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Linux Tutorial - The Operating System - Rebuilding Your Kernel - Linux Kernel Source Code - Where to Get the Source
  Linux Kernel Source Code ---- How the Source is Arranged  


Where to Get The Source

All of the major Linux distributions ( SuSE, Debian, Slackware, Red Hat etcetera) include the kernel sources in them. Usually the Linux kernel that got installed on your Linux system was built from those sources. By their very nature these sources tend to be a little out of date so you may want to get the latest sources from one of the web sites mentioned in chapter  www-appendix. They are kept on ftp://ftp.cs.helsinki.fi and all of the other web sites shadow them. This makes the Helsinki web site the most up to date, but sites like MIT and Sunsite are never very far behind.

If you do not have access to the web, there are many CD ROM vendors who offer snapshots of the world's major web sites at a very reasonable cost. Some even offer a subscription service with quarterly or even monthly updates. Your local Linux User Group is also a good source of sources.

The Linux kernel sources have a very simple numbering system. Any even number kernel (for example 2.0.30) is a stable, released, kernel and any odd numbered kernel (for example 2.1.42 is a development kernel. This book is based on the stable 2.0.30 source tree. Development kernels have all of the latest features and support all of the latest devices. Although they can be unstable, which may not be exactly what you want it, is important that the Linux community tries the latest kernels. That way they are tested for the whole community. Remember that it is always worth backing up your system thoroughly if you do try out non-production kernels.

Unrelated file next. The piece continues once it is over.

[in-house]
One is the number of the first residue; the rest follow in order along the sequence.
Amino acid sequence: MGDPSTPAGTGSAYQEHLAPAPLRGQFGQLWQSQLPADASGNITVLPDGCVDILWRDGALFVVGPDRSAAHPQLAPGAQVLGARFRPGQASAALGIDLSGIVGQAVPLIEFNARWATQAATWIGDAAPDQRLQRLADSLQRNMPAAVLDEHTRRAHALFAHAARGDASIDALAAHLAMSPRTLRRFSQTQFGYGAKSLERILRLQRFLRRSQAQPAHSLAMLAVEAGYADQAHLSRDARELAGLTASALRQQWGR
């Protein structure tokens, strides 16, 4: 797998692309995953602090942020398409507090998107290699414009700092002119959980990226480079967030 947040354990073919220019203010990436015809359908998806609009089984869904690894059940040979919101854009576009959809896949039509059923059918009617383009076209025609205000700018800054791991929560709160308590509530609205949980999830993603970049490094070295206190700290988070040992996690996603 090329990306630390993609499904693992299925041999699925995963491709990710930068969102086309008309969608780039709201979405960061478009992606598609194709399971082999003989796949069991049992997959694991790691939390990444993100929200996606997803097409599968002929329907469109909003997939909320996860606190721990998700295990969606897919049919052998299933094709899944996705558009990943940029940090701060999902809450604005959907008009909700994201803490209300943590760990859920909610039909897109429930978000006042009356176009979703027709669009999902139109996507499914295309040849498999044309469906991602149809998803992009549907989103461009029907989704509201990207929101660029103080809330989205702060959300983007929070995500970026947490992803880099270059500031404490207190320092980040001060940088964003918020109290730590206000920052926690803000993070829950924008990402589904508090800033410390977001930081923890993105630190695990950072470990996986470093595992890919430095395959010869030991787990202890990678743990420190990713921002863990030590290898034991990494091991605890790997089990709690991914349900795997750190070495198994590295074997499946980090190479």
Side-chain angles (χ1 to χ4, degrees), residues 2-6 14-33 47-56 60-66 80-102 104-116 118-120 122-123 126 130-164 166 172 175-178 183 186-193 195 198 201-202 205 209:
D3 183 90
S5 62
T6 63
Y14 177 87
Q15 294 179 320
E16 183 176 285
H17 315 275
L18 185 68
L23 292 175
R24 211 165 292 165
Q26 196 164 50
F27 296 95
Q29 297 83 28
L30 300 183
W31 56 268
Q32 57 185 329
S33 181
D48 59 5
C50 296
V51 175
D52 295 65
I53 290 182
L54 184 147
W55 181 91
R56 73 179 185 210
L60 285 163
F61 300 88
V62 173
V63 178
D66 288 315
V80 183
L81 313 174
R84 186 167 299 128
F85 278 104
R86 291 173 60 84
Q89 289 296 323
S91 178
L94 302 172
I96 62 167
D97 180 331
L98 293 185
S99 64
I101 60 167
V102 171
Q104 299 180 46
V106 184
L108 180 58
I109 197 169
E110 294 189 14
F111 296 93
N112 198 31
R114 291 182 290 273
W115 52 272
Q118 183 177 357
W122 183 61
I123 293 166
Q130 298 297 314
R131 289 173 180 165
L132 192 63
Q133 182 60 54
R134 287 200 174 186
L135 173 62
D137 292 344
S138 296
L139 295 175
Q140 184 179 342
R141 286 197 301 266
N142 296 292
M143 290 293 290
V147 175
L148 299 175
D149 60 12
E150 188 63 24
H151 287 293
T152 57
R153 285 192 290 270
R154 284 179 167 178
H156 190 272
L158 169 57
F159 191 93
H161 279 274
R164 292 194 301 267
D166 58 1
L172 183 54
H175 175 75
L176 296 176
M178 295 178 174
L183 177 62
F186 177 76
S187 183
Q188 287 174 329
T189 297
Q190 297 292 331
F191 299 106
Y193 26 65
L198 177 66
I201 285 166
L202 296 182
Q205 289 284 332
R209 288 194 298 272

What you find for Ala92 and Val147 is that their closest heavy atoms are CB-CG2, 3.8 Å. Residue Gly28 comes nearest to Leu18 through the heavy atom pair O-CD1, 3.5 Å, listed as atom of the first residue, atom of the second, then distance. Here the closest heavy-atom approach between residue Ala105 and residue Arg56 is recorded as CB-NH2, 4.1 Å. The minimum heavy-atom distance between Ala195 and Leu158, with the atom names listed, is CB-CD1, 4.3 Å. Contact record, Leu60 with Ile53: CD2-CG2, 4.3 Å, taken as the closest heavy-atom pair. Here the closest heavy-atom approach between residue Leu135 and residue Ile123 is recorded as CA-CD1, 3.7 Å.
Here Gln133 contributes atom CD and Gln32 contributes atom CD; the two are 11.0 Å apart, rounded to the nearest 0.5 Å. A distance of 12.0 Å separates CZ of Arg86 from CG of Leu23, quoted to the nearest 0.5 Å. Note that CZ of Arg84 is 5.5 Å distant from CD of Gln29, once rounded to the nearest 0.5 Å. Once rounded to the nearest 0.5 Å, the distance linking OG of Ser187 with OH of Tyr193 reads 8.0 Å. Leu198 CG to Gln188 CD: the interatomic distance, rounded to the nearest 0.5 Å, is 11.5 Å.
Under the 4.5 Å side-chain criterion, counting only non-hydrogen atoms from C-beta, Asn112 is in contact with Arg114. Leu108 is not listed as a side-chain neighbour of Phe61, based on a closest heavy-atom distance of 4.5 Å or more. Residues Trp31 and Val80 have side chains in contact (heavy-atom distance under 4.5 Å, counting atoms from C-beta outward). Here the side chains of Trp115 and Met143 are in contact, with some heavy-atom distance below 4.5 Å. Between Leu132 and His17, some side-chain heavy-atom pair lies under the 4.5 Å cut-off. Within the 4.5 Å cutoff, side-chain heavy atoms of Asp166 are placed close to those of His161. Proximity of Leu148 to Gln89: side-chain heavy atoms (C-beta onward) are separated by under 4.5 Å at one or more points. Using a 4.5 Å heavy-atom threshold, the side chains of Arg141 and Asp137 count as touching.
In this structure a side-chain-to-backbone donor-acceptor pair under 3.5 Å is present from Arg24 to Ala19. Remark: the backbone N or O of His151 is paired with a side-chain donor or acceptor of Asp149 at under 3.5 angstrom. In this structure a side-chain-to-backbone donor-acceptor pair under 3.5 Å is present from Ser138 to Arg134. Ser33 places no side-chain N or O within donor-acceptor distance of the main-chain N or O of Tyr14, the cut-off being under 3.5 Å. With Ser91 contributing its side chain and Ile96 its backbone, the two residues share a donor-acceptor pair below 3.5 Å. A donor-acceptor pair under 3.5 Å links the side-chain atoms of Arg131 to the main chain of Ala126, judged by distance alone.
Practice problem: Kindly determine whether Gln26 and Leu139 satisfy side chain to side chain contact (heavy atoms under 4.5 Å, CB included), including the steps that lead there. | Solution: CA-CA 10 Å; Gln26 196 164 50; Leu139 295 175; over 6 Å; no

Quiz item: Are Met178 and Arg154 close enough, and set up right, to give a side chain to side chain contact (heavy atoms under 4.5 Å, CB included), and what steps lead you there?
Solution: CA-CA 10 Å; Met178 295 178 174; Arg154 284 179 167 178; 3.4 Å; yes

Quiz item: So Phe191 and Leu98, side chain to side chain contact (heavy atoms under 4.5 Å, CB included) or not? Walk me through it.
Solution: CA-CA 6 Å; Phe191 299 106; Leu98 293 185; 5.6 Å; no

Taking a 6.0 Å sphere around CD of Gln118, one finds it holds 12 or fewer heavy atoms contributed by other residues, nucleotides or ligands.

Changes to the kernel sources are distributed as patch files. The patch utility is used to apply a series of edits to a set of source files. So, for example, if you have the 2.0.29 kernel source tree and you wanted to move to the 2.0.30 source tree, you would obtain the 2.0.30 patch file and apply the patches (edits) to that source tree:

$ cd /usr/src/linux
$ patch -p1 < patch-2.0.30

This saves copying whole source trees, perhaps over slow serial connections. A good source of kernel patches (official and unofficial) is the http://www.linuxhq.com web site.

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